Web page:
DSO mixes it up with sturdy Beethoven, twisty Shostakovich

Fri Oct 15, 2021 at 2:10 pm
By Richard Sylvester Oliver
Carlos Kalmar conducted the Dallas Symphony Orchestra Thursday night. Photo: Grant Park Music Festival

Led by guest conductor Carlos Kalmar, the Dallas Symphony Orchestra’s presentation of Beethoven and Shostakovich Thursday night at the Meyerson Symphony Center was largely successful, even if uneven blending between sections of the orchestra detracted from the DSO’s typical brilliance.
Ludwig van Beethoven’s Piano Concerto No. 5, later titled  “Emperor” by an English music publisher, opened the program, with Garrick Ohlsson as guest soloist. Completed in 1809, “Emperor” was composed at a turbulent time for Beethoven. In that year, his ensuing deafness was nearing a state of totality, and Napoleon’s siege and occupation of Vienna left him furious and defiant.
Ohlsson’s treatment of the text was a mixed bag of heft and delicacy, sometimes distributed unevenly. The American pianist’s technical prowess was clear and evident in the sweeping cadenzas of the first movement, however attention to phrasing and lyrical shaping was often wanting.
The success of this performance was in the ensemble’s delivery under Kalmar. Though the dynamic extremes of strings and winds sometimes called attention to themselves, the accompaniment was consistent in its energy, direction, and cohesion. As the score calls for a lighter orchestral complement, the forces were sometimes buried by Ohlsson’s forte passages.
The nocturne-like slow movement was songful, with Ohlsson exercising an even, light touch throughout, before moving directly into the attacca Rondo. Here, Kalmar astutely led the orchestra through the upwardly bounding iterations of the syncopated theme, closing the finale with a strong, welcomed balance between soloist and ensemble.
Standing ovations brought the soloist back to the stage for an encore of the slow movement of Beethoven’s “Pathetique” sonata, here given a lovely reading by Ohlsson.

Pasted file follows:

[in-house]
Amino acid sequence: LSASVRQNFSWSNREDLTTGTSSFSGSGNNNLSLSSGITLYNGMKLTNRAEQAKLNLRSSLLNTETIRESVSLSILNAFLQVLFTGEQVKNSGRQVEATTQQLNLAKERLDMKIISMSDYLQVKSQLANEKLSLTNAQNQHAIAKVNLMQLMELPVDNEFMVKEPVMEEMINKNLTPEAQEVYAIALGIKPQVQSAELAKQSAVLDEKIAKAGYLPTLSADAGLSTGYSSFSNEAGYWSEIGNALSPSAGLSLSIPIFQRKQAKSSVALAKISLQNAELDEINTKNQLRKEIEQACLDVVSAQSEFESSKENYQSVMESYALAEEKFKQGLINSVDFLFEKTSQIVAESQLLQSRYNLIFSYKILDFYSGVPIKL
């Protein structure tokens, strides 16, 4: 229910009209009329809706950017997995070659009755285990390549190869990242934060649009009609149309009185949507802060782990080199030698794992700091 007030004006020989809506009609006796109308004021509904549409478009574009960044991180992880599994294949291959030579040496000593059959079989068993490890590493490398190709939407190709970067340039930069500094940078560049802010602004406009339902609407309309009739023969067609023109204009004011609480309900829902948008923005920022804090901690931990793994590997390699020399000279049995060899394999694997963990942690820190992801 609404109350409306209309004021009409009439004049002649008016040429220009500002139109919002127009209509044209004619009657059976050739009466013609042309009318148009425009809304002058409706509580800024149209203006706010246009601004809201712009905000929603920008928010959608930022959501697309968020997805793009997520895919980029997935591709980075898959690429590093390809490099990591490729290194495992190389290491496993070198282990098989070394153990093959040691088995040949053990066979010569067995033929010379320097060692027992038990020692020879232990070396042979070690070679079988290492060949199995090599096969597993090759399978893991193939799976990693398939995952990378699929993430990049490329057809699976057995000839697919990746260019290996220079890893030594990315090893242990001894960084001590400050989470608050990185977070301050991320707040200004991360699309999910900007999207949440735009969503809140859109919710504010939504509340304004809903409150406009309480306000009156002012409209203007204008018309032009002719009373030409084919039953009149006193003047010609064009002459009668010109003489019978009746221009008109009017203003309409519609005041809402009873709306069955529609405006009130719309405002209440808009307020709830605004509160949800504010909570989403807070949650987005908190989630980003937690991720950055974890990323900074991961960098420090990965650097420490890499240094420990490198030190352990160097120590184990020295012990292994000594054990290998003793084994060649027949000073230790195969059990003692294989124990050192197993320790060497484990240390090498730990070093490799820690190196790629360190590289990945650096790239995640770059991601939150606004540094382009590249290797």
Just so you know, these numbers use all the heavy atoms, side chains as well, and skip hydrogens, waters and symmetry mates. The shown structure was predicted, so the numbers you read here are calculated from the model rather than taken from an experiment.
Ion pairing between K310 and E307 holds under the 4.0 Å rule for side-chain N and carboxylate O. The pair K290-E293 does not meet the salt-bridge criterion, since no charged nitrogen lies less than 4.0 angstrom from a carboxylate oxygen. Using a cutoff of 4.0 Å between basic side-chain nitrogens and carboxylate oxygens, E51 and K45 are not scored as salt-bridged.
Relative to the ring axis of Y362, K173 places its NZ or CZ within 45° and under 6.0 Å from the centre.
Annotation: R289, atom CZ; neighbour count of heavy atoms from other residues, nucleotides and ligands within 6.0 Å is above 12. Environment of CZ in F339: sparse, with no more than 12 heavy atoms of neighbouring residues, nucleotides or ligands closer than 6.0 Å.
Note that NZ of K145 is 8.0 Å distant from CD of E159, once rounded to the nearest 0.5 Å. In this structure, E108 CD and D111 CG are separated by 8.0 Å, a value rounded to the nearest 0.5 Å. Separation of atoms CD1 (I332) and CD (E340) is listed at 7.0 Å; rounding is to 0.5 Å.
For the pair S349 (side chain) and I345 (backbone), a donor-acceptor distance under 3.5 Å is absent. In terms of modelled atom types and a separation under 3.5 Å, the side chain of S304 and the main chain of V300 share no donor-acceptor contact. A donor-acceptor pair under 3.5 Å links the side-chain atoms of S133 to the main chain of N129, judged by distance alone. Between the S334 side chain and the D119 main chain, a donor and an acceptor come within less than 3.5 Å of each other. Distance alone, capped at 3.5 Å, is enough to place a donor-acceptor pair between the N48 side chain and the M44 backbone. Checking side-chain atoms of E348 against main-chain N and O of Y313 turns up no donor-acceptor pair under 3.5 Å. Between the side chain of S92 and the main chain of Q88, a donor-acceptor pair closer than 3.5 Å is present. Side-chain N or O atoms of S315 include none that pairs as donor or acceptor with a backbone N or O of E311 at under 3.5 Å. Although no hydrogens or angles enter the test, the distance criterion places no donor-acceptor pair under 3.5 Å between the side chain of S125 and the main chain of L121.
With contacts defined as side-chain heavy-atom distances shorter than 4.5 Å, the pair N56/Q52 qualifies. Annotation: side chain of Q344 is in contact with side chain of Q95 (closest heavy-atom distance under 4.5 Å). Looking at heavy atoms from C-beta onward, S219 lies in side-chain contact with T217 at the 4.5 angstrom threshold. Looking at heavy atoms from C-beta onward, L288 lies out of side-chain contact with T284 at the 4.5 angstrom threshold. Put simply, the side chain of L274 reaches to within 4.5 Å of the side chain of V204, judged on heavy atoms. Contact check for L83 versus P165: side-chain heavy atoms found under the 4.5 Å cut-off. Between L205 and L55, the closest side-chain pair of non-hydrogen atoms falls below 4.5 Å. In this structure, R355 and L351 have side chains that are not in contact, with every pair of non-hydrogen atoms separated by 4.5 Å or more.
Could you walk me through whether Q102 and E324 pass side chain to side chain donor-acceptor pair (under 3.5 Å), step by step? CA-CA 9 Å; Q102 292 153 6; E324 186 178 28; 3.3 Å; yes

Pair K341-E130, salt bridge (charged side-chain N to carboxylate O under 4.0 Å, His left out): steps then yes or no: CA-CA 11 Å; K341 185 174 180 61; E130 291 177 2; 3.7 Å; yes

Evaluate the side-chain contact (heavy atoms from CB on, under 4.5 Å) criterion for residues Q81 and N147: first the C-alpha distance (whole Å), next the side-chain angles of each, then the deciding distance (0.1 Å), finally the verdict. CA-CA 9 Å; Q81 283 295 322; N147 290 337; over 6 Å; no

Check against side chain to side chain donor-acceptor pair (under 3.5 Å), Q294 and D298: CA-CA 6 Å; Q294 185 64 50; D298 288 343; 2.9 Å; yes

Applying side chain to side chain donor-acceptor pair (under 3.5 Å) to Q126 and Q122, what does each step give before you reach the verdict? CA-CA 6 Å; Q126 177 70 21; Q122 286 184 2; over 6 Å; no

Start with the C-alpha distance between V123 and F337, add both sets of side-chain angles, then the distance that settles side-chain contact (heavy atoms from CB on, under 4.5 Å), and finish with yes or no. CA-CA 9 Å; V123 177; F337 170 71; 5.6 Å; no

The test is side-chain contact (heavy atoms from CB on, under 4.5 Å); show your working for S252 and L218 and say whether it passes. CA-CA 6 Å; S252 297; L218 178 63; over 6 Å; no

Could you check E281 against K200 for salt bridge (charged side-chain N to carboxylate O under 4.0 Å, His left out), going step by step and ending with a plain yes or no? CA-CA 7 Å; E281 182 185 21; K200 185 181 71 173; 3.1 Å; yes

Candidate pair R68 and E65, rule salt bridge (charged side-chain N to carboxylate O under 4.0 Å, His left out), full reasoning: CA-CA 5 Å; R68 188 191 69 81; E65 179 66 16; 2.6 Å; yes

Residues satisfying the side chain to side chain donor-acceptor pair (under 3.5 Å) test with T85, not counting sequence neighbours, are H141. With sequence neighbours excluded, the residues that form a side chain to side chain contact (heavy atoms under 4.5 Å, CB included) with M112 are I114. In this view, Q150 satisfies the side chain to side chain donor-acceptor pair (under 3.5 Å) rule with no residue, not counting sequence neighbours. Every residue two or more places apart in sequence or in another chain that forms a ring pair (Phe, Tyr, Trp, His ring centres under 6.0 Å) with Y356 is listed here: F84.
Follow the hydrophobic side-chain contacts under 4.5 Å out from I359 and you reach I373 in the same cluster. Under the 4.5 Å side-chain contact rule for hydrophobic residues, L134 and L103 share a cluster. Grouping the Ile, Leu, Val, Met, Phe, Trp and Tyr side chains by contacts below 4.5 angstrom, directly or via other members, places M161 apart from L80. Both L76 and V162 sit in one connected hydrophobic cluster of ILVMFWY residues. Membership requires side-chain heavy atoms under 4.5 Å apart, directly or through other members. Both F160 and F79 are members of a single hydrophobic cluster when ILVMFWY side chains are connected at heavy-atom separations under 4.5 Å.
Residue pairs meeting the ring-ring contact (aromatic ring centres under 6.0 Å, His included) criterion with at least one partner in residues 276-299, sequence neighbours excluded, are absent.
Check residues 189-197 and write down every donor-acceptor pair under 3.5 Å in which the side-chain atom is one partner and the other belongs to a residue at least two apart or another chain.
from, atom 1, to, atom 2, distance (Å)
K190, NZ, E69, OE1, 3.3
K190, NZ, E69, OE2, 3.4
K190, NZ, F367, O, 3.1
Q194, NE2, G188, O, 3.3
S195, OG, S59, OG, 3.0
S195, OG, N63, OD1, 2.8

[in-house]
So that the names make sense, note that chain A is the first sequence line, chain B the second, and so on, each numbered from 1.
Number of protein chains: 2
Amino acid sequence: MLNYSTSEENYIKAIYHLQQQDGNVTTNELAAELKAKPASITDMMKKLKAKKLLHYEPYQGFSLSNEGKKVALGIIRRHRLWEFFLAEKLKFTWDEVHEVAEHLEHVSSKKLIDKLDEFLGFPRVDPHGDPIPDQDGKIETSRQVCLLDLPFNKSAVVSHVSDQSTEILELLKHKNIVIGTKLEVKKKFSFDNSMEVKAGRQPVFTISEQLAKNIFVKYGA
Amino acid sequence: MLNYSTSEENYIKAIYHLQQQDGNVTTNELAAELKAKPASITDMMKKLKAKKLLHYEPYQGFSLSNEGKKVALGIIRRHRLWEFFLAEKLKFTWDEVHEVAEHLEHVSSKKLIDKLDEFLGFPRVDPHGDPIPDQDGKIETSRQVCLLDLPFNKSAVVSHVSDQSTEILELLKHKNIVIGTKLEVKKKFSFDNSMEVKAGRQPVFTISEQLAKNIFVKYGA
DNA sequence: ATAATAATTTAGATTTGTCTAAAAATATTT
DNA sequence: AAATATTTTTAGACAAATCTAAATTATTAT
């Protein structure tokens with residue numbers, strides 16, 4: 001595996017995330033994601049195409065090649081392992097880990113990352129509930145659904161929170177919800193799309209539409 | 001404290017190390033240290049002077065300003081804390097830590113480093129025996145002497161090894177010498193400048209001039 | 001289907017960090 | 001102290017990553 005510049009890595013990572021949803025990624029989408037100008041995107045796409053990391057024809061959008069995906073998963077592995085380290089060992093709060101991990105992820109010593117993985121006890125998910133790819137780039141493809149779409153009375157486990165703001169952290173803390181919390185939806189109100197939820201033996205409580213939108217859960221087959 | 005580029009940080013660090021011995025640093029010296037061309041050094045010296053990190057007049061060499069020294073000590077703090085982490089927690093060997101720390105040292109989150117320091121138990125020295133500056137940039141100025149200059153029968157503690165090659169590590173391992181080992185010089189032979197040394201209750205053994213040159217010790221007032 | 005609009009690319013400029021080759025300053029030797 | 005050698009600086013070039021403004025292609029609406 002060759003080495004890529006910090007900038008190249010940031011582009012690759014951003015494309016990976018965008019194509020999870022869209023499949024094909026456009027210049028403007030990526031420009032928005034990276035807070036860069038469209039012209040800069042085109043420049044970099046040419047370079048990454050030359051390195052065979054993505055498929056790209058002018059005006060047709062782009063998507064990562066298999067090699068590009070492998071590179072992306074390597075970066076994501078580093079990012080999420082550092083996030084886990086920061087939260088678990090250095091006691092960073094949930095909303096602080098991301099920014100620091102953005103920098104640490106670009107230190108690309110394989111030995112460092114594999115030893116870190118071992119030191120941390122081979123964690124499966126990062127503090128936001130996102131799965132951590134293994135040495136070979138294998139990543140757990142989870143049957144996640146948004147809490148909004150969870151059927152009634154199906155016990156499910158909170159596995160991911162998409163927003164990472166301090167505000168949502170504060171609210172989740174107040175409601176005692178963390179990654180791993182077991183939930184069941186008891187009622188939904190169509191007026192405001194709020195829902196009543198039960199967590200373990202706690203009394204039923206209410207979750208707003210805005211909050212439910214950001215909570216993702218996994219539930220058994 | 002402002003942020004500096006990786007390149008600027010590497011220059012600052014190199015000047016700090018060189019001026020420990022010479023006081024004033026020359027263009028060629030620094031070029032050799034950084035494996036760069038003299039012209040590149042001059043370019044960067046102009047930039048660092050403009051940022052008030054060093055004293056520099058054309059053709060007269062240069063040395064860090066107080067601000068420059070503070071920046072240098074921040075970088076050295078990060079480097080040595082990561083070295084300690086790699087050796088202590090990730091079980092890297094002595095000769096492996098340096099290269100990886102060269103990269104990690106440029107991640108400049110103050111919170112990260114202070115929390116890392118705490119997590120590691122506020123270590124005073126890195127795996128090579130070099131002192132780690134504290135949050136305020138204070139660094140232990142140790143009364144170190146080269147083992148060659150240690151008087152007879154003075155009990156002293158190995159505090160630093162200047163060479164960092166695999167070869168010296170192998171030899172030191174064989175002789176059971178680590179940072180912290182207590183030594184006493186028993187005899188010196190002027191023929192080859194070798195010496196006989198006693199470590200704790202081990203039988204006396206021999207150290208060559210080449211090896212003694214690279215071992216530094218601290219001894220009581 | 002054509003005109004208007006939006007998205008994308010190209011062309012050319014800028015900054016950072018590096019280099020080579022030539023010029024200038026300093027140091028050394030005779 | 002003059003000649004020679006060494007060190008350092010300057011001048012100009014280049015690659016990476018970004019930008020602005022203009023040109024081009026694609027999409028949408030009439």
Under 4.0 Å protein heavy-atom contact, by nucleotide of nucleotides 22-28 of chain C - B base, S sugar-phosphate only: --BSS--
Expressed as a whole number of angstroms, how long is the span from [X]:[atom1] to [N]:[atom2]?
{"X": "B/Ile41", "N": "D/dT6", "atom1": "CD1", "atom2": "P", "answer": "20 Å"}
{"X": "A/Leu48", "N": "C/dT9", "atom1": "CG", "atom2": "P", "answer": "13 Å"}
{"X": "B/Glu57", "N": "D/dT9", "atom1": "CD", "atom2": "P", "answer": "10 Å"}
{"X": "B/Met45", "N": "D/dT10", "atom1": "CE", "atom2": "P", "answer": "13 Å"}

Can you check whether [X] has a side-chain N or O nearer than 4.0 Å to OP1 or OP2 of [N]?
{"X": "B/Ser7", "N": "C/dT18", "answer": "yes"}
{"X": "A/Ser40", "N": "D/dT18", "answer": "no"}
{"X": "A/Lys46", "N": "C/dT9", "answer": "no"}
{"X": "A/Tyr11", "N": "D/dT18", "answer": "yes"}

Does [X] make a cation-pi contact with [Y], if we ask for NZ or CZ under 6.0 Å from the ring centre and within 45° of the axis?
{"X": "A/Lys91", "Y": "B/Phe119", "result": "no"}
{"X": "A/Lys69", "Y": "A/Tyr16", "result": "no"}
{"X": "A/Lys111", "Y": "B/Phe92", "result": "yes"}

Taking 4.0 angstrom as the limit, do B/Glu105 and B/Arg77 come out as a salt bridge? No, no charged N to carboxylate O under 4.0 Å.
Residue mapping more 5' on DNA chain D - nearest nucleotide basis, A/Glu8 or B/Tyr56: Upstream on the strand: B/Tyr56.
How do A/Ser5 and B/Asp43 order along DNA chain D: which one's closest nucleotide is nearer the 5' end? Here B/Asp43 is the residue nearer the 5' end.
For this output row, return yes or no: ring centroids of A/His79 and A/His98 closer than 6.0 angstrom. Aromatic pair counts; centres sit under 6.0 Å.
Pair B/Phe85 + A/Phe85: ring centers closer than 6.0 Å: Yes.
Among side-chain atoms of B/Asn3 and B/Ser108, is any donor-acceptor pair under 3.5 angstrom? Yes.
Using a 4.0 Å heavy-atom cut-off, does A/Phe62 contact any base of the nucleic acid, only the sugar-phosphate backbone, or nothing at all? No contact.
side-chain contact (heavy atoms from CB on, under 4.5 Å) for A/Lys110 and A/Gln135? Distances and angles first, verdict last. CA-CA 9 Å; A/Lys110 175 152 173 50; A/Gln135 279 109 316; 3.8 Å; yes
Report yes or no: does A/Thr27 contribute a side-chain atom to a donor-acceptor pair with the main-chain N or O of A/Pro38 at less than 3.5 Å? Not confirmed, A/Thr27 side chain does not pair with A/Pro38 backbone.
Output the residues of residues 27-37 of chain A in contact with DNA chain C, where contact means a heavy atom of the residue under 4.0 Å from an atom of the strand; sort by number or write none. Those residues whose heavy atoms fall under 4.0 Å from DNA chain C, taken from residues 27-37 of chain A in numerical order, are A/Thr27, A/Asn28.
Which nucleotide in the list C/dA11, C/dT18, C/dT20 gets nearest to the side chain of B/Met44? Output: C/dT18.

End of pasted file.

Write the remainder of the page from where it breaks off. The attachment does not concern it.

Dmitri Shostakovich’s Sixth Symphony, like Beethoven’s Piano Concerto No. 5, was composed in a time of war. Socialist Realism was the prevailing musical philosophy of1930s Soviet Russia, and Shostakovich’s career was marked by denunciations from the political and cultural authorities. His ostensibly patriotic Fifth Symphony stabilized his reputation, so when the quirky and melancholy Sixth Symphony debuted, it defied cultural expectation and was long relegated to obscurity, though the work has found a semi-regular footing since then in concert halls.
Set in three movements rather than the conventional four, the piece opens with an unexpected Largo that amounts for more than half of the entire work’s run time. It is hushed and unhurried with a dark thematic center, irreverent to the cultural demands of positive patriotism expected in an opening movement.
Here, the DSO shone, with luminous strings opening the piece on a simple melodic theme. Almost immediately, Kalmar established an orchestral color appropriately rife with tension. Adequate space was provided for soft, characteristic tremolo strings to percolate under lovely solo turns between featured winds and English horn.
Drastic dynamic shifts in the second movement Scherzo were traversed skillfully with a frolicsome touch that bordered on humorous. The third movement felt, at times, rushed and was frequently clamorous in dynamics, but flurrying piccolo passages were provided cleanly. Kalmar and the DSO managed a high-spirited finish with a shower of orchestral sparks.
The program will be repeated 7:30 p.m. Friday and 3 p.m. Sunday. dallassymphony.org

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